A Pool of Water in a Pavement Desert

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This night came slipping in like the world was pulling a dark blanket up over her sleepy head. I left the children in the yard at sunset, the dog bounding along beside me into the woods. I chose music loud and fast. “Stress to strength, stress to strength” has been my determined chant this fall. And I ran, trying to only think the things that would make me run hard and steady, while the sun slipped behind the trees and then the hills. The dark came creeping silently in behind, claiming its bed between the trunks and branches, settling into all the crevices of the woods.

I stopped and turned off my music in front of three pointed pine trees. They stood still and quiet, their branches without definition in the dark, like paper cutouts reaching their tops into the blue-blackness of the sky. There below, I became as quiet as they were and I was reaching, too.

This fall I’ve felt my limitations. Homeschooling five middle children and keeping up with my oldest in high school and not forgetting about the preschooler trying to slide between the books and other kids to make his way into my lap. And, still a wife, too, discovering that even after seventeen years of holding one man’s hand, there’s room to know him more and love him better. And, beyond our family in the woods, there’s our family around the country and concentrated in little Maine towns. There are the people in our church and in our town and at the school and in the store and I just want to do well by them all. And, sometimes, as I near forty, I wonder about myself. There’s a little restlessness that sets in and I question, as this world keeps turning and waking and sleeping and waking again, am I as awake as I can be? It’s like my head has suddenly poked out of the baby years, with the sleeplessness and round belly and knowing exactly where I should be. Sometimes I even think about taking some classes (in something?) or creating a part time job (doing something?). But then, that restless peering ahead seems silly, like I’m trying to grab something else with already full hands.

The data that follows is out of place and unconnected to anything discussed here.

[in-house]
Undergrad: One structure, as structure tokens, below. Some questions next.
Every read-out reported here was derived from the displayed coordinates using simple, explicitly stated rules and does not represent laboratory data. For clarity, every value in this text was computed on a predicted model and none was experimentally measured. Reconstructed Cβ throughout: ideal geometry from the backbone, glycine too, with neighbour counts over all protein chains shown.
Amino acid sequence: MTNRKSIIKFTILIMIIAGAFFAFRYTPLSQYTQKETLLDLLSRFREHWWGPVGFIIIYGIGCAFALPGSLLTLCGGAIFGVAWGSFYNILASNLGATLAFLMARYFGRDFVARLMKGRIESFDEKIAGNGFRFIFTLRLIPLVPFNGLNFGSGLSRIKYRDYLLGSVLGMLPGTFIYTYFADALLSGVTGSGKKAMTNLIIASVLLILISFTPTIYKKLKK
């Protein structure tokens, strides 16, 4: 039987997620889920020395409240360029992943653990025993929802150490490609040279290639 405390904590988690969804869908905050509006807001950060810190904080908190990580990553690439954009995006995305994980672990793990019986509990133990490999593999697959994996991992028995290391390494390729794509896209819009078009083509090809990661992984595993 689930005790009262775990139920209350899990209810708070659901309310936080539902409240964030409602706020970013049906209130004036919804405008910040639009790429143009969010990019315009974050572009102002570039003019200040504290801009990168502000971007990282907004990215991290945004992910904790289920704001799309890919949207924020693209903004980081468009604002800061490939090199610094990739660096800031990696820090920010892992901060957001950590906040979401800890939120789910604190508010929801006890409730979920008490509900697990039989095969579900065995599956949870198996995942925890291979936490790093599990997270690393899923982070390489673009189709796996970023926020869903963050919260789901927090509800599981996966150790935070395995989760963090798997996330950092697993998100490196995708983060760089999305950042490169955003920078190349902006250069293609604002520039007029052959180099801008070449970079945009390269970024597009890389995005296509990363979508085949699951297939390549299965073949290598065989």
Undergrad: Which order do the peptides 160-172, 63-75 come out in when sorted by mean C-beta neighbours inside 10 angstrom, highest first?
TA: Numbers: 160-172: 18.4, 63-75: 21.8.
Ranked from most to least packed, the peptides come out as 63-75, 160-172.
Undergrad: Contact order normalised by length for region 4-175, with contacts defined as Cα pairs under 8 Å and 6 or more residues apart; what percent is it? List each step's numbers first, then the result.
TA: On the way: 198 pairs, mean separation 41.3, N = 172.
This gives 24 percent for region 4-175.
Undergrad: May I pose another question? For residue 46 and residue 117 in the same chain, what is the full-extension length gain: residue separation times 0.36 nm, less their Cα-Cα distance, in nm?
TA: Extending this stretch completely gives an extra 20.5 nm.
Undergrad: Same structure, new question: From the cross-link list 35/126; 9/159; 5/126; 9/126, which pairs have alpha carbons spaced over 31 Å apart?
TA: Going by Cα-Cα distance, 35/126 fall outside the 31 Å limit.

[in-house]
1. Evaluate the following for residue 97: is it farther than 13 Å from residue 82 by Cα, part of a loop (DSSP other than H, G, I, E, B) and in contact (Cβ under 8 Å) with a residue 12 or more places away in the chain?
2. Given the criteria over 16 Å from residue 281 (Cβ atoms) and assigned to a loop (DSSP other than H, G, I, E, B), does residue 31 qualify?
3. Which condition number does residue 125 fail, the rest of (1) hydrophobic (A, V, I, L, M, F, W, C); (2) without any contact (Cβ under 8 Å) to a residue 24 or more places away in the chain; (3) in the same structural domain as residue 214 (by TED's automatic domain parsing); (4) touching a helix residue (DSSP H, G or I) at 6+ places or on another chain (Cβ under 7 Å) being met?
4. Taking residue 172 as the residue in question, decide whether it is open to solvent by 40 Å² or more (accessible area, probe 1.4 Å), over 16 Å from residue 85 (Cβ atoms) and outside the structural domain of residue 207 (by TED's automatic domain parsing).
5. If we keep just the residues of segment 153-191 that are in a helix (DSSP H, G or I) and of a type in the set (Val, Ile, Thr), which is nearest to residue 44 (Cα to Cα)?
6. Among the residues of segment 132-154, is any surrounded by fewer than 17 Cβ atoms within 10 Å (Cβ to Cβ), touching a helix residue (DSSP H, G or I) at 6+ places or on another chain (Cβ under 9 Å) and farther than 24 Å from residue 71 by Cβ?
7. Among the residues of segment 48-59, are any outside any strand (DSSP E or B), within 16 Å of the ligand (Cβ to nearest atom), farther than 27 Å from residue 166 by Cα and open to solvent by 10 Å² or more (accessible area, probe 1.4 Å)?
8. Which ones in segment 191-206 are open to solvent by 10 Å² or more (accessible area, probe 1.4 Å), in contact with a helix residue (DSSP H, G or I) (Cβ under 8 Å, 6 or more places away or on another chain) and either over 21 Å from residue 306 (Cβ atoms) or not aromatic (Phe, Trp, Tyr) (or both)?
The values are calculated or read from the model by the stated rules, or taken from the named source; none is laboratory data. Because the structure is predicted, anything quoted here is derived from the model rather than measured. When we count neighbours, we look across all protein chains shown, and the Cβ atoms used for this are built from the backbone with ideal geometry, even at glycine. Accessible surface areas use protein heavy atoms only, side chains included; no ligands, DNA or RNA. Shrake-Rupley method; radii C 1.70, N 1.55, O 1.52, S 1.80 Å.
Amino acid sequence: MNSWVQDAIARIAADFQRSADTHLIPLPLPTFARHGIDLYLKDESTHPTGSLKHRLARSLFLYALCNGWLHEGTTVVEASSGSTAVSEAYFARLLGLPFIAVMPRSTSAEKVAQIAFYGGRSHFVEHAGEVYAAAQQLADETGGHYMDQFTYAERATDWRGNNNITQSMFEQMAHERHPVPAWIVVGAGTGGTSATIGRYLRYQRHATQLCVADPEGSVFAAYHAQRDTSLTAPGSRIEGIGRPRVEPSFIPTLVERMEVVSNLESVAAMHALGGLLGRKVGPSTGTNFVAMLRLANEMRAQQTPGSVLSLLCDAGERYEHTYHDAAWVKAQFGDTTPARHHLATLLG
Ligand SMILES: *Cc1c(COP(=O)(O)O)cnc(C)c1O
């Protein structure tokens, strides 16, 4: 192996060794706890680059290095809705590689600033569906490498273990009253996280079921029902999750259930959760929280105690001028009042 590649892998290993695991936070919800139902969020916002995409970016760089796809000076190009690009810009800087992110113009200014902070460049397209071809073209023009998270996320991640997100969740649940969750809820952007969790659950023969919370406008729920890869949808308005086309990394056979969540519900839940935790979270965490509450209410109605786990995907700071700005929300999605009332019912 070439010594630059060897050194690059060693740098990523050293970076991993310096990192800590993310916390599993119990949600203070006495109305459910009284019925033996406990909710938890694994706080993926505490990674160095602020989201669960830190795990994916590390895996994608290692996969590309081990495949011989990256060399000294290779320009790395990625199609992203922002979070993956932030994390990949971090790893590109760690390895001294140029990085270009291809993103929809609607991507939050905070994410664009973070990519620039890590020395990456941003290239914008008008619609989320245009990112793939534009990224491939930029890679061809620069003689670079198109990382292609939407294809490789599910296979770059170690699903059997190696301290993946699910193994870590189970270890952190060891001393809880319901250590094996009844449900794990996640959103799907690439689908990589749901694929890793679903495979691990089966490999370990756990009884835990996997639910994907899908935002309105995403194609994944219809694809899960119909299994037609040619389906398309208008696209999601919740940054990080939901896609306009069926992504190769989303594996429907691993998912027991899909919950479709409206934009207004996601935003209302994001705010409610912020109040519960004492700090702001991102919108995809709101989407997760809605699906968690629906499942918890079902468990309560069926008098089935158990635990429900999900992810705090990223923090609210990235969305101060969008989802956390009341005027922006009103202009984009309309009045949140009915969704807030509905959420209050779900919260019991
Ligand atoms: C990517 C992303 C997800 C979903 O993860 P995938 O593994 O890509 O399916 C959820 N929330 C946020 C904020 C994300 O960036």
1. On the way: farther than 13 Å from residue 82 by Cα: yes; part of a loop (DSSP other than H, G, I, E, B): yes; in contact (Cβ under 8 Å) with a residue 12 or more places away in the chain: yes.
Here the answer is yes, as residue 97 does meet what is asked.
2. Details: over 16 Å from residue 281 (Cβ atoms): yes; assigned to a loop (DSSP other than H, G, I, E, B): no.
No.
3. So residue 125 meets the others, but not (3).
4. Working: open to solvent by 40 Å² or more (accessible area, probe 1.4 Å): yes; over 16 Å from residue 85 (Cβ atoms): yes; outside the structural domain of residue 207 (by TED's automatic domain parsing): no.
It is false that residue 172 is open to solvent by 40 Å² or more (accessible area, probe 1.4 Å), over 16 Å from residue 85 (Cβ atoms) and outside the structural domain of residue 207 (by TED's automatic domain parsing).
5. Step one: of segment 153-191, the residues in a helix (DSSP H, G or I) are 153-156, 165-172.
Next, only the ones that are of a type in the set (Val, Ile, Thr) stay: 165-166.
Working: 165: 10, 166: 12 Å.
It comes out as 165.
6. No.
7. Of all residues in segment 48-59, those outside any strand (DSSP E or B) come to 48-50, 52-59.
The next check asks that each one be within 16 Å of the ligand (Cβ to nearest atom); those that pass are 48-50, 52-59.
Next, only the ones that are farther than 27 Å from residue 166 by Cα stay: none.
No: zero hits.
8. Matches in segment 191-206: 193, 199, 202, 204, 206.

Once, a little over a year ago, I lamented with God about my limitations. I woke to an email from a woman I’d met after she visited our church. She’d been recently diagnosed with cancer and she was being crushed by fear. She wrote, “Will you pray with me today?” I wanted to drop everything and drive to her house and hold her in a hug and pray hard. But the day was already planned, dotted with things I couldn’t get out of and with my kids needing me, too. I could only briefly write back and tell her, “I will try to call you later today.”  And, that felt so lame and I drove to town and toward my commitments in what felt like the wrong direction.  As my three youngest kids chattered in the back seat, I prayed for my friend and I prayed for me, too. It was with an overwhelming sense of being too small in this world, and too helpless, and too caught in mundane things, that I prayed, “God, please bring encouragement.”